Discuss questions around local unit policies for budgeting, reconciling, etc. This forum should not contain specific financial or membership information.
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We had some members who drove to a Youth Conference. Do we reimburse for the actual gas (w/receipt) or do we pay a set amount per mile. I think I know the answer but wanted to check with others to be sure.
To me, if the Handbook guidance for reimbursing expenses is applied to this situation then a receipt is required.wrigjef wrote:We had some members who drove to a Youth Conference. Do we reimburse for the actual gas (w/receipt) or do we pay a set amount per mile. I think I know the answer but wanted to check with others to be sure.
But there is more to this situation than the reimbursement method. Whether to reimburse or not must also be considered. If the youth were driven by their parents then there should be no reimbursement. Leaders driving there should be reimbursed since they were acting in the capacity of their calling.
The next question that arrises is what if no receipt is available because the distance was short enough that no fillup was necessary? I would use the method similar to what the IRS uses - which is to document the starting mileage, the ending mileage, the esitmated or computed mpg of the vehicle, and a receipt for gas at the next fillup to compute the cost of gas used for the trip.
wrigjef wrote:We had some members who drove to a Youth Conference. Do we reimburse for the actual gas (w/receipt) or do we pay a set amount per mile. I think I know the answer but wanted to check with others to be sure.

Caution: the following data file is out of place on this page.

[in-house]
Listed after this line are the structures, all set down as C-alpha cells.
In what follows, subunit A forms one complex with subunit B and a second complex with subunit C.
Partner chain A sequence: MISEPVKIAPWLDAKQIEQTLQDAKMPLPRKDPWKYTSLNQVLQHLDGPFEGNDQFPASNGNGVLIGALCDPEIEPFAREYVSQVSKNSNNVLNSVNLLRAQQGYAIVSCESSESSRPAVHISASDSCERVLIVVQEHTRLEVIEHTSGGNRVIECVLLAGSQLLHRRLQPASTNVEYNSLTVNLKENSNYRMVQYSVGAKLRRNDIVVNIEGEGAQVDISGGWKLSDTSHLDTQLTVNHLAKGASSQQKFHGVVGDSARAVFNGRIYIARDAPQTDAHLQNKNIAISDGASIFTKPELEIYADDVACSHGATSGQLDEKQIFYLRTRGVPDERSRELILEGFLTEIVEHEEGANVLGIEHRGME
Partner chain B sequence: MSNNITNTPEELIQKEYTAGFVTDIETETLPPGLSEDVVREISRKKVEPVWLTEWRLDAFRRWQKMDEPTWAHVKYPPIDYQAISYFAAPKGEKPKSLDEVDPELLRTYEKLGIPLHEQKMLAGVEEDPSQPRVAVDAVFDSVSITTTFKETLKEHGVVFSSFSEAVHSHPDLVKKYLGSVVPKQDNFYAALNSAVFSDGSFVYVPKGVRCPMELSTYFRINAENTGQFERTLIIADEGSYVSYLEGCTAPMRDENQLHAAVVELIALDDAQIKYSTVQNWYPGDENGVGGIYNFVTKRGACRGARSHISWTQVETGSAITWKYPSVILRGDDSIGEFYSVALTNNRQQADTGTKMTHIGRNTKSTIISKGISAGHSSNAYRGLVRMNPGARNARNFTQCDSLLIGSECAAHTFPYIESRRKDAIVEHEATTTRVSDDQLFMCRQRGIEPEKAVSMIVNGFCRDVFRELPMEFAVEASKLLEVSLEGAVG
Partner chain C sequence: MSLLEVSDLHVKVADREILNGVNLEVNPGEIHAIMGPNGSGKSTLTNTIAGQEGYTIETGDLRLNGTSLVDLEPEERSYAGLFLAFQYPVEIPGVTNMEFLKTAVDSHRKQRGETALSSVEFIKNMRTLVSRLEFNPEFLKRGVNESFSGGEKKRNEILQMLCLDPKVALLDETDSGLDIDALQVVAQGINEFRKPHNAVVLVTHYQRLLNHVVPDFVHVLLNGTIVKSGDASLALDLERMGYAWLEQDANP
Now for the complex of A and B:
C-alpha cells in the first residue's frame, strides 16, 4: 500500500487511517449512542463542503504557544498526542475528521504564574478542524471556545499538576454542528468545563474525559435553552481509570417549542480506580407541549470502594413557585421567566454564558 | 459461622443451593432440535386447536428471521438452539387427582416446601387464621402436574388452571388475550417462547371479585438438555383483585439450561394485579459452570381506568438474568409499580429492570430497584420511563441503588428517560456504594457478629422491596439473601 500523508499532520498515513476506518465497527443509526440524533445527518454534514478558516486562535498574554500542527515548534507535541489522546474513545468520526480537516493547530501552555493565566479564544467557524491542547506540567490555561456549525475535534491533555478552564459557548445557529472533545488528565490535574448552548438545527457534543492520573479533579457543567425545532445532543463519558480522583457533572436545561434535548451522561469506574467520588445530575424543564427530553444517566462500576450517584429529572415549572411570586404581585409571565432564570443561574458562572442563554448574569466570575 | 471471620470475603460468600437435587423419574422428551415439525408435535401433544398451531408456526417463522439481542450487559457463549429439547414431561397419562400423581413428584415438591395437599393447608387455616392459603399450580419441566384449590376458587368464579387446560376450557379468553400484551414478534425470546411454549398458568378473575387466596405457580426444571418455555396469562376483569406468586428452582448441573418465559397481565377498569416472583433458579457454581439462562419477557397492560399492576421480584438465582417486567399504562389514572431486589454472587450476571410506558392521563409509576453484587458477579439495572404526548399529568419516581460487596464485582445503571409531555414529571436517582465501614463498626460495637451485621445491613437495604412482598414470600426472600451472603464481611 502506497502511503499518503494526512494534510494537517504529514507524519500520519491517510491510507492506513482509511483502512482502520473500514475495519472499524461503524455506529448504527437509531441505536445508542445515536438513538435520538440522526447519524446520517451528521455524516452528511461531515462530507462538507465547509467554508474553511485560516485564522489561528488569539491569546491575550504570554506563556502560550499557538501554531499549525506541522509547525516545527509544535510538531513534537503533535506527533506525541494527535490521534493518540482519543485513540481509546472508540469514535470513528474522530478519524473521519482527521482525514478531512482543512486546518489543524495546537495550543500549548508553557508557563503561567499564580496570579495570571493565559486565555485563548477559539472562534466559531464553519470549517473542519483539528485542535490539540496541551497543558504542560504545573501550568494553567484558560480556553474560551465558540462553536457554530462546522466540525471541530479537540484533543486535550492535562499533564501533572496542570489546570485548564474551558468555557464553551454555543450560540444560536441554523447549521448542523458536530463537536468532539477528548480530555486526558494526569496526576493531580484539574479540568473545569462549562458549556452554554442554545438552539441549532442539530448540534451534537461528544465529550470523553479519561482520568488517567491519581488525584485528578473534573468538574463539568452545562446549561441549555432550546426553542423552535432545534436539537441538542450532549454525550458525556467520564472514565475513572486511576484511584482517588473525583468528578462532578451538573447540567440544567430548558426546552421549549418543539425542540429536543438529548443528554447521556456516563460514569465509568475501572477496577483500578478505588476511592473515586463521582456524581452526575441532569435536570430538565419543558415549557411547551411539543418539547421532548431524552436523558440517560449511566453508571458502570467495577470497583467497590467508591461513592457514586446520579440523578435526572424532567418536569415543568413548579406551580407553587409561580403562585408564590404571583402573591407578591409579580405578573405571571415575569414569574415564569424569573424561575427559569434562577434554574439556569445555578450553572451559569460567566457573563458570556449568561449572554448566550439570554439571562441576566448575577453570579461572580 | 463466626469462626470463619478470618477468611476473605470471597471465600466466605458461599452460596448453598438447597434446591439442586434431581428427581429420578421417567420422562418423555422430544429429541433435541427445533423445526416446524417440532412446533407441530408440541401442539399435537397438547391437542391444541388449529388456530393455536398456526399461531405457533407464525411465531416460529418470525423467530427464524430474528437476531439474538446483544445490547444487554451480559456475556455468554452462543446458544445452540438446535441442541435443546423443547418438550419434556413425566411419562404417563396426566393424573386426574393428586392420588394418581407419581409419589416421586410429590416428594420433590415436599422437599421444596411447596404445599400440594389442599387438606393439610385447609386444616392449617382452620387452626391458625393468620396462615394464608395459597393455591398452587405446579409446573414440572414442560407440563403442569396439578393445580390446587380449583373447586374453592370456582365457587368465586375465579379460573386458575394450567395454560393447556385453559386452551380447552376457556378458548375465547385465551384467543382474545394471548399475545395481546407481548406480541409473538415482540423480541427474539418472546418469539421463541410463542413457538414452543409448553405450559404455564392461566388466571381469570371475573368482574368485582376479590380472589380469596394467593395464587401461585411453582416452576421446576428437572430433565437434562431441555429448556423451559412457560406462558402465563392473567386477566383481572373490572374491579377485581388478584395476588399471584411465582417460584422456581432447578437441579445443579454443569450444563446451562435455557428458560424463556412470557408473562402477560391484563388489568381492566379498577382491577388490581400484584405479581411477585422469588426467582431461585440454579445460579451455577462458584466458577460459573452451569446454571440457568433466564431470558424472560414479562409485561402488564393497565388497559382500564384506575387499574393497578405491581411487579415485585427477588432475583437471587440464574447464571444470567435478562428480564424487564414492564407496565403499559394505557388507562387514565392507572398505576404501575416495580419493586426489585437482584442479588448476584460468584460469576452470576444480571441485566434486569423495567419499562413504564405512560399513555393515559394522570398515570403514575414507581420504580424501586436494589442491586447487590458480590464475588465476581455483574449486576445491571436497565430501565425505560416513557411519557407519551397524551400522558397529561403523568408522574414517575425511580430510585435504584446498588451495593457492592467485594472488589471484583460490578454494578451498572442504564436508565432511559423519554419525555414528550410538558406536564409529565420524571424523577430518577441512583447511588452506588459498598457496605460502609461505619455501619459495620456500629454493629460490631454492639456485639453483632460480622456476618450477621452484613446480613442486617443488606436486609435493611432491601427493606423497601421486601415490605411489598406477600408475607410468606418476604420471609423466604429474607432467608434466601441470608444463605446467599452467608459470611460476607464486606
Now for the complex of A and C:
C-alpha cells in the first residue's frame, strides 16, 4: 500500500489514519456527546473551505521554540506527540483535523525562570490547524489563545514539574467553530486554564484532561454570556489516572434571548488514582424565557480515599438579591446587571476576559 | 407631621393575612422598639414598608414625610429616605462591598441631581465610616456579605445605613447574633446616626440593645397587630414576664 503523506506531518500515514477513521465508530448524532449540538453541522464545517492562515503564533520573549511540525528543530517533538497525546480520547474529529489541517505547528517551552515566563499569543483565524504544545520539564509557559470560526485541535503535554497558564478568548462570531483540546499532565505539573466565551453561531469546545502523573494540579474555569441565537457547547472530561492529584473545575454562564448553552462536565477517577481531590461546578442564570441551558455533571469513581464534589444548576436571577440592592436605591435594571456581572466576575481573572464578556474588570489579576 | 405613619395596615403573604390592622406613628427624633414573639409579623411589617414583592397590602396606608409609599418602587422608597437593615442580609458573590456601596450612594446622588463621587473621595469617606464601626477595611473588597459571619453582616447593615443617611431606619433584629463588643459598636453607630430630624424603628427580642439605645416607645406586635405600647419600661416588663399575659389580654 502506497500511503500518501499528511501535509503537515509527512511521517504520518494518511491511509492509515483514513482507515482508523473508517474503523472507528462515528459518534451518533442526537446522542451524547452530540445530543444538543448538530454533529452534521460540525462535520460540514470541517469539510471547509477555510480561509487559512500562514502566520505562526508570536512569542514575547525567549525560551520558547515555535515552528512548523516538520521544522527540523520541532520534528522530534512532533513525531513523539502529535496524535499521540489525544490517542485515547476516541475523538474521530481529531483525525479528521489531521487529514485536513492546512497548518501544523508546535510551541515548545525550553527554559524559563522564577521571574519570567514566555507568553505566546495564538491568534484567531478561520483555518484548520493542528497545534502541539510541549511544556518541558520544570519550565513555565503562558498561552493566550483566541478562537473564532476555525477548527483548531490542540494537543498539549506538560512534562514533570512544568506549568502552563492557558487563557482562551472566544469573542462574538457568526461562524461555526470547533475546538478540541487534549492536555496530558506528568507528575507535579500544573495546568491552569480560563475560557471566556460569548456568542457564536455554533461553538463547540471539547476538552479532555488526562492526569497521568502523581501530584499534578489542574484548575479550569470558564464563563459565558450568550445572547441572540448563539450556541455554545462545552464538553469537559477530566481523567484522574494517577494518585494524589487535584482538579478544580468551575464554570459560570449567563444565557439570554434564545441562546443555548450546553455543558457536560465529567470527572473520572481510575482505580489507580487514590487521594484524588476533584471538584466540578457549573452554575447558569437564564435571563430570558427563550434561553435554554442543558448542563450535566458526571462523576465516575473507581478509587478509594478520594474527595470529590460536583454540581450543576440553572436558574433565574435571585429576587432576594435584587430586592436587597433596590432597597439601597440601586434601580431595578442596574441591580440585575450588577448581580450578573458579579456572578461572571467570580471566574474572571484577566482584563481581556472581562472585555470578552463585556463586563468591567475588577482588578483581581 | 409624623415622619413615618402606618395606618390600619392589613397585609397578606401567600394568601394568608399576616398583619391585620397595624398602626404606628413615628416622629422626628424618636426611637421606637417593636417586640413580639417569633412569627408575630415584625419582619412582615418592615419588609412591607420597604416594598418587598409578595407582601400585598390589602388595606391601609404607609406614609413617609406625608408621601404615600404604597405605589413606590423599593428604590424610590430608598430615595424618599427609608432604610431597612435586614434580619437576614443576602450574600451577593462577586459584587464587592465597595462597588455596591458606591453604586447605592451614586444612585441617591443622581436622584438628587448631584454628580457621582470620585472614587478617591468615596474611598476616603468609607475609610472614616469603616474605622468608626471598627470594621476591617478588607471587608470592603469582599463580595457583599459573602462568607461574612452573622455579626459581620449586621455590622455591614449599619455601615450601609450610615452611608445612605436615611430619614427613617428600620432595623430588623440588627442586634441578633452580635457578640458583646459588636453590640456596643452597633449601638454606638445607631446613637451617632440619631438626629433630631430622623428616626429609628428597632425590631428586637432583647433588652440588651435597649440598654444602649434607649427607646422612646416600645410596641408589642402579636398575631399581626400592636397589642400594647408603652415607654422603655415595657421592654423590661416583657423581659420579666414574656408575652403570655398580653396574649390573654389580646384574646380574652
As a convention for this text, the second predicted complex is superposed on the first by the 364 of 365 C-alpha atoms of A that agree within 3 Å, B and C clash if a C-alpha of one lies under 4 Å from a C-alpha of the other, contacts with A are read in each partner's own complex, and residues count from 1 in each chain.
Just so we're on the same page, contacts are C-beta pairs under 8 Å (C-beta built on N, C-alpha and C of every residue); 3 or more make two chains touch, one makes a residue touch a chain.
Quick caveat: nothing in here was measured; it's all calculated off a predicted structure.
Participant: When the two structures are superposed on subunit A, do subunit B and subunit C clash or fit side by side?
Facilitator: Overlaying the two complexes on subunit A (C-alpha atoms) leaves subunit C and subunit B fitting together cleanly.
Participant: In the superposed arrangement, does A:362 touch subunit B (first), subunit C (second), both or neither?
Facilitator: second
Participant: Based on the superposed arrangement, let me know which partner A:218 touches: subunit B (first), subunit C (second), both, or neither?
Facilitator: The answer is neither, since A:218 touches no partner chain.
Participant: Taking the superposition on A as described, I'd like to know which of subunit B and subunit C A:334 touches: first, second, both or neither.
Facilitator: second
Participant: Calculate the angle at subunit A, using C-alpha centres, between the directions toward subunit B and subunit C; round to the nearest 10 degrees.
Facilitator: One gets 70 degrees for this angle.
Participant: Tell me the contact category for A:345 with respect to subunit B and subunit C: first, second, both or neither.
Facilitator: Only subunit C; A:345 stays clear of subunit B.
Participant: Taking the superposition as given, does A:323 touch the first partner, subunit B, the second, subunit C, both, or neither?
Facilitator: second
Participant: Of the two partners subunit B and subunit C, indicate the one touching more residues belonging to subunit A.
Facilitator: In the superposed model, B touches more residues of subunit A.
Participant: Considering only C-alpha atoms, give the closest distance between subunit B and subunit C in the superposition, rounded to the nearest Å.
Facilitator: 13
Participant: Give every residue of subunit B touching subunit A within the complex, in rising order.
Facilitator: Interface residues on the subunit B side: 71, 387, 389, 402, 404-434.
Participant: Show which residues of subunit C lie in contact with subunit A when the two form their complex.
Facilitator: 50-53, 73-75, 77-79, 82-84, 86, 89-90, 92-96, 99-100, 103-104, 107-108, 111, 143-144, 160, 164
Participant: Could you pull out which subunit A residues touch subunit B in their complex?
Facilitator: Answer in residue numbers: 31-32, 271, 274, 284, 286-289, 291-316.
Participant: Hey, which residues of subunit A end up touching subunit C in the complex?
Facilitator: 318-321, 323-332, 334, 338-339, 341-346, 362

The relevant Handbook section is 13.2.8, which says: "Members should not ... provide ... long-distance transportation at their own expense."
Of course, the term "long-distance" is subject to interpretation, but as with all issues, the bishop or stake president makes the judgment call.
As for the actual expenses, in addition to what jdlessley said, I would note an additional option for how the IRS figures expenses for charitable work: "If you do not want to deduct your actual expenses, you can use a standard mileage rate of 14 cents a mile to figure your contribution" (IRS Publication 526, page 5). So that would be a reasonable alternative when the expense is not reasonably approximated by fuel expenses with a receipt. There would have to be some sort of documentation showing the mileage traveled.
Questions that can benefit the larger community should be asked in a public forum, not a private message.
Not exactly the same, but when driving a missionary from the MTC to his field of labor (used for undocumented immigrants in the US), the missionary department reimburses a local member at ~$0.55 per mile using either the mileage computed by mapquest or the difference from before and after off the odometer, provided the two are not that different. They will not reimburse for food or lodging.
The 55 cents per mile figure is what the IRS uses to approximate all costs of using a car, which includes depreciation, maintenance, etc. The 14 cents per mile figure is what the IRS allows to be deducted for charitable work, and approximates only fuel costs. I'm not necessarily making a judgment as to which one is correct, but we shouldn't confuse the two techniques -- if you typically only pay for fuel, then the 55 cent figure would be outrageously high as a mileage-based approximation.
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